Polesden Lacey

The house’s bold broad front
Competes with the valley opposite,
Fails to rival its sweeping green.

Beyond the dark hedge, across the track,
Surrounded by endless emerald turf,
Sheep assemble beneath a tree,
Shielding lambs from benign spring sun.

A silver bird softly roars above,
Challenging cawing crows and raucous rooks,
Deep undertone to a robin’s trill.

The still air is moved, from time to time,
By gentle breezes that brush my hair
And caress my skin, newly warmed
On an unfamiliar cloudless day.

Oz voice
A vast rough red iron ore diamond,
Set in a southern sea, in so much space.
Yet somehow, as if afraid
Of spiders, snakes and scorpions on land
And stingrays, sharks and jellyfish
On their famous surfy sea,
They huddle together, cheek by jowl,
House on house, in cities crowding down
To the water’s edge. No room for culture.

A rasping drawl bandsaws my brain,
Scything my soft English senses
As Aussies hail each other over distant inches,
Tripthongs trumping dipthongs.
Hello-oo-er is the greeting,
Every name adds an “O”,
And my name becomes a wine.

But what do they hear
In accents that to our ears sound normal?
The evil vowels and sloppy consonants
Of Estuary English, at worst in Essex?
The drawn-out, steady, wide-mouthed North?
The broad-burred West, the sing-song Welsh?
The crusty Scots and the Geordie whale-song?
The Irish lilt with its Northern tilt?
And worst of all, the stiff upper-lipped
Immobile, tight-mouthed drawl of upper classes?
Just different ways of whingeing?

Ham House
A living, breathing monument
To Elizabeth, a woman of virtue,
A righteous royalist who risked her riches,
Her life, her love to save a king,
Whose belief in divine right and devious dealings
Lost him his life.

The Sealed Knot is now forever cut,
Our monarchs maintain their ways with our grace,
And favour the least worst way of leading us.

Full of light, precision and kingly portraits,
Gardens rich in herbs and fruit,
Vegetables in long green lines,
Geometrical wilderness not so wild
With hedges lining organised alleys
For children to run and hide.

The Thames flows quietly by,
Witness to so much blood,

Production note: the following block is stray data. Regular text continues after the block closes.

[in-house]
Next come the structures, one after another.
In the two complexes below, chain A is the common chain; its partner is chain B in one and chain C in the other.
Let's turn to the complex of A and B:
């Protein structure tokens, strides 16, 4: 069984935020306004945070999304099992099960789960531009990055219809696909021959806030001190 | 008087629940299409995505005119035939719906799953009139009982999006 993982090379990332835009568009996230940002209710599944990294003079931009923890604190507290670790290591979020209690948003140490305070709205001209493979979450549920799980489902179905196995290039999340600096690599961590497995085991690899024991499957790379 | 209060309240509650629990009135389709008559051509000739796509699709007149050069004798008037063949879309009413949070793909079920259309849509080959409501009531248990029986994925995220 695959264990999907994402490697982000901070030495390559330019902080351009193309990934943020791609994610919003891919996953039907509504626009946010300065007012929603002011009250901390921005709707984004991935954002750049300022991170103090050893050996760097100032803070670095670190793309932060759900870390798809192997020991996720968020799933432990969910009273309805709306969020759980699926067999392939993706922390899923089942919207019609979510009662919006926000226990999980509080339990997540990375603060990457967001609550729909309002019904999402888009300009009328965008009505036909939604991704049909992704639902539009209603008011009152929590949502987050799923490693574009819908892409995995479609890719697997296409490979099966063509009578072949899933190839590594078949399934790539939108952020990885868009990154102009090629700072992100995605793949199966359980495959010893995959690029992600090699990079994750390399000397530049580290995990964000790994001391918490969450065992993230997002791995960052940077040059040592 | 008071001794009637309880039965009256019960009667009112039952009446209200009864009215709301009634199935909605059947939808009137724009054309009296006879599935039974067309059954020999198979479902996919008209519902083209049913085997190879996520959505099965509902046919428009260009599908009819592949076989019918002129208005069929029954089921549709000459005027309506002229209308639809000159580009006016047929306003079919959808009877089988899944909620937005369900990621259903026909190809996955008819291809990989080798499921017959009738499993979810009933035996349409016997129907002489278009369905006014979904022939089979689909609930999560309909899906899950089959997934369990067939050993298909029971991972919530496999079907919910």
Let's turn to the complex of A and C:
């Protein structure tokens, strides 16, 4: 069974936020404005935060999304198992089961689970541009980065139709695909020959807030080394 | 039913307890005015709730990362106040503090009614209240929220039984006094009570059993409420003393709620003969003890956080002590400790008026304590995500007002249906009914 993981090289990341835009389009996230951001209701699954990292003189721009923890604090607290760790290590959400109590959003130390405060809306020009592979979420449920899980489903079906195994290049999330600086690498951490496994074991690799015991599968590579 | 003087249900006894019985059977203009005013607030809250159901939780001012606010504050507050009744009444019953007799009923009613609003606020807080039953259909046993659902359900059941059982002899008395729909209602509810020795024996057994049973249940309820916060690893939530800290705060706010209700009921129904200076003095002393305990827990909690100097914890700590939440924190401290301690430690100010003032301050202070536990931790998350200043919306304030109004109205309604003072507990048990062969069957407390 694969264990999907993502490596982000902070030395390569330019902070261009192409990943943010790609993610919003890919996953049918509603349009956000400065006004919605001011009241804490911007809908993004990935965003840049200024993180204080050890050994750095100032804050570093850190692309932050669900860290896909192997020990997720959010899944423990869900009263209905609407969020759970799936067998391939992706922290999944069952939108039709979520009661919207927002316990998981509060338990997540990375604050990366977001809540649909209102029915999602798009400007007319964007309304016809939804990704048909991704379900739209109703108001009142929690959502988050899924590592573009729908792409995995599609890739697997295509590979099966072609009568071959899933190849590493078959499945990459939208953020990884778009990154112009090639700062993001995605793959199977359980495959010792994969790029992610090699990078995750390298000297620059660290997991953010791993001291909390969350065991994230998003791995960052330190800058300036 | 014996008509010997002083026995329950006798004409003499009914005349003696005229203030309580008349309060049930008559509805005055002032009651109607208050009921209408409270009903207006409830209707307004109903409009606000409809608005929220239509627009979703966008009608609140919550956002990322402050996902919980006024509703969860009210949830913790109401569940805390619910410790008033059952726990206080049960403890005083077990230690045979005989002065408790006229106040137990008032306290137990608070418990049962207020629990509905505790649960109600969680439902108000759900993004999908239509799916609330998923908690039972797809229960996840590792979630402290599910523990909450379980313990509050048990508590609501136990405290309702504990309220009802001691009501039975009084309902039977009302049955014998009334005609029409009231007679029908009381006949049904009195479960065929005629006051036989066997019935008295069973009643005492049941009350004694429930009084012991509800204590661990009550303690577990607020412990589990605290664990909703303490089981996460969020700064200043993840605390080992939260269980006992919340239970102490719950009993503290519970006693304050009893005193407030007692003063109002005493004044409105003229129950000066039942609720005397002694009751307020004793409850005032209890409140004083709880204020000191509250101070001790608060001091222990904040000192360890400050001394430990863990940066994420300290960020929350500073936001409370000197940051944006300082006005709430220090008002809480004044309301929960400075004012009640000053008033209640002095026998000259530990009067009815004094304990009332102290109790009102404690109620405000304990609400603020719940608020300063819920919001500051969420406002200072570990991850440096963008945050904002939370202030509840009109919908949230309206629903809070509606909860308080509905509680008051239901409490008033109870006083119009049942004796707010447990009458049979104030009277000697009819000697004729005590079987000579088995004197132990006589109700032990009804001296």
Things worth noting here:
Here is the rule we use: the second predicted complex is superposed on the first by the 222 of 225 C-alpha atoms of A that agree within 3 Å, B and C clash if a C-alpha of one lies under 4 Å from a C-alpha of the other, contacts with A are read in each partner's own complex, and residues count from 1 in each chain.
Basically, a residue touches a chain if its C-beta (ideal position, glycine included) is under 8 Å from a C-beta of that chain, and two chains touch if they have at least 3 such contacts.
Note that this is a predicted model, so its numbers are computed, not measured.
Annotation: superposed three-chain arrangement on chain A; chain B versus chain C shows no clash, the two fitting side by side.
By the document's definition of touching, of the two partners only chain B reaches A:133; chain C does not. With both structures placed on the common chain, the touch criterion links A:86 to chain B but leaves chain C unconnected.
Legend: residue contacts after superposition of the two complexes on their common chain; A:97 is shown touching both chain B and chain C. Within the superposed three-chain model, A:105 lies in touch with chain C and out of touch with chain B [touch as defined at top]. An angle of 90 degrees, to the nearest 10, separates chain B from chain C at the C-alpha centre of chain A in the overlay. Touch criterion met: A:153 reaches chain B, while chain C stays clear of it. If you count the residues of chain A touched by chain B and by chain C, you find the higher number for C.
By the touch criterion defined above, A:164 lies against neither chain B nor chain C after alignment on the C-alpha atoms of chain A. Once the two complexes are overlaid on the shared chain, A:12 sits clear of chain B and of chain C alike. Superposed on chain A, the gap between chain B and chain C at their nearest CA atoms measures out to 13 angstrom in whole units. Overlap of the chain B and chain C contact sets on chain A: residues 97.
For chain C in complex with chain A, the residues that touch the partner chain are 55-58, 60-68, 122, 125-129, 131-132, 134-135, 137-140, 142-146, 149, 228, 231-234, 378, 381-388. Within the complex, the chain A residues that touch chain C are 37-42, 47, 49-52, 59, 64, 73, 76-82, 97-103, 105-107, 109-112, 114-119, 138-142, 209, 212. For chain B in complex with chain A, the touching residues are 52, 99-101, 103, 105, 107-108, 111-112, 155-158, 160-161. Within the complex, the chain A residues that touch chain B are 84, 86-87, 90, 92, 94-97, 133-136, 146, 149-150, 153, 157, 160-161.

And carrier of desolate queens and traitors
To the Tower, to lose their heads.

We live in suburban times.
Ham House lies, a haven of red brick,
Trapped in the river’s bend, by a new estate.

The novel
You teeter on the edge of completion.
Your plot is fixed, the draft almost there.
But the last push evades me.
I have read too much
And must distance myself.
I’ll leave you alone for the summer,
Absorb the joys of England
And distil it to poetry,
Returning to you as days shorten and
Outside options close.

Howls of demonizing anguish arose
From self-appointed guardians of the poor,
Bewailing five more years of living under
Supposed hard, ugly rule.

Yet these, so self-righteous, voted
Three times, for ugly, self-promotion,
For dishonest rule by those who
Sought just to preserve their power.

We Tories are human, but realist,
Know that helping the poor demands a larger cake,
Well-managed, not a smaller one,
Poorly baked and badly cut.

A star falls
The white box holds abandoned hopes
Of parents who now deeply mourn.
They’re thankful for his last few months,
Though now their hearts are broken, torn.

His bright, wide smile lit up the room
And everyone who saw his face
Could not resist returning it,
Despite the sadness of his case.

The long black car takes him away,
His room’s already occupied
By a girl that needs the love and care
That your donations help provide.

Summer oozes out
The milky sap at last its rise has slowed.
The apple’s tinge of red is proudly showed,
Although it still clings tightly to its tree.
Above, the oak by now is fully leaved,
Its first green acorns shed, but most remain
To brave the autumn storms, their gales and rain.

The new yew shoots that once stood out so bright
Now with last year’s conspire to fight the light.
The rose’s second flush droops in the cold
Of morning dampness that promotes the mould,
While hopeless strawberries produce a burst of flower
Whose unripe fruit will rot when it’s still sour.

We sit outside, bur really only half,
The cool breeze fended off by glass.
Some orphan leaves begin their downward flutter.
It won’t be long before they choke our gutter.
The grass will soon decide to end its growing
And liberate us from our weekly mowing.

Each day, a little faster comes the night.
We’re no more woken by the morning light.
We love the snugness of our morning snooze.
Its extra sleep will ward off colds and ‘flus.
O Autumn, please come late, stay long, this year,
And Spring, for once come early, do you hear?

Autumn sunset – welcome home
Slow sinking sun that on its way
Turns white to yellow, orange to red,
While cold east wind has swept the sky

Of any trace of haze,
So dark cloud lines are sharp-defined
Against the pale sky’s lazuli,
Black undersides turned rosé-wine,
Maturing to a Beaujolais.
The old man drags his grandson out

To leave an evening too square-eyed
To see outside the show, sky-wide.
As I pass by on my way home
We swap some words that can't describe
This boiling, heaving, world-end show.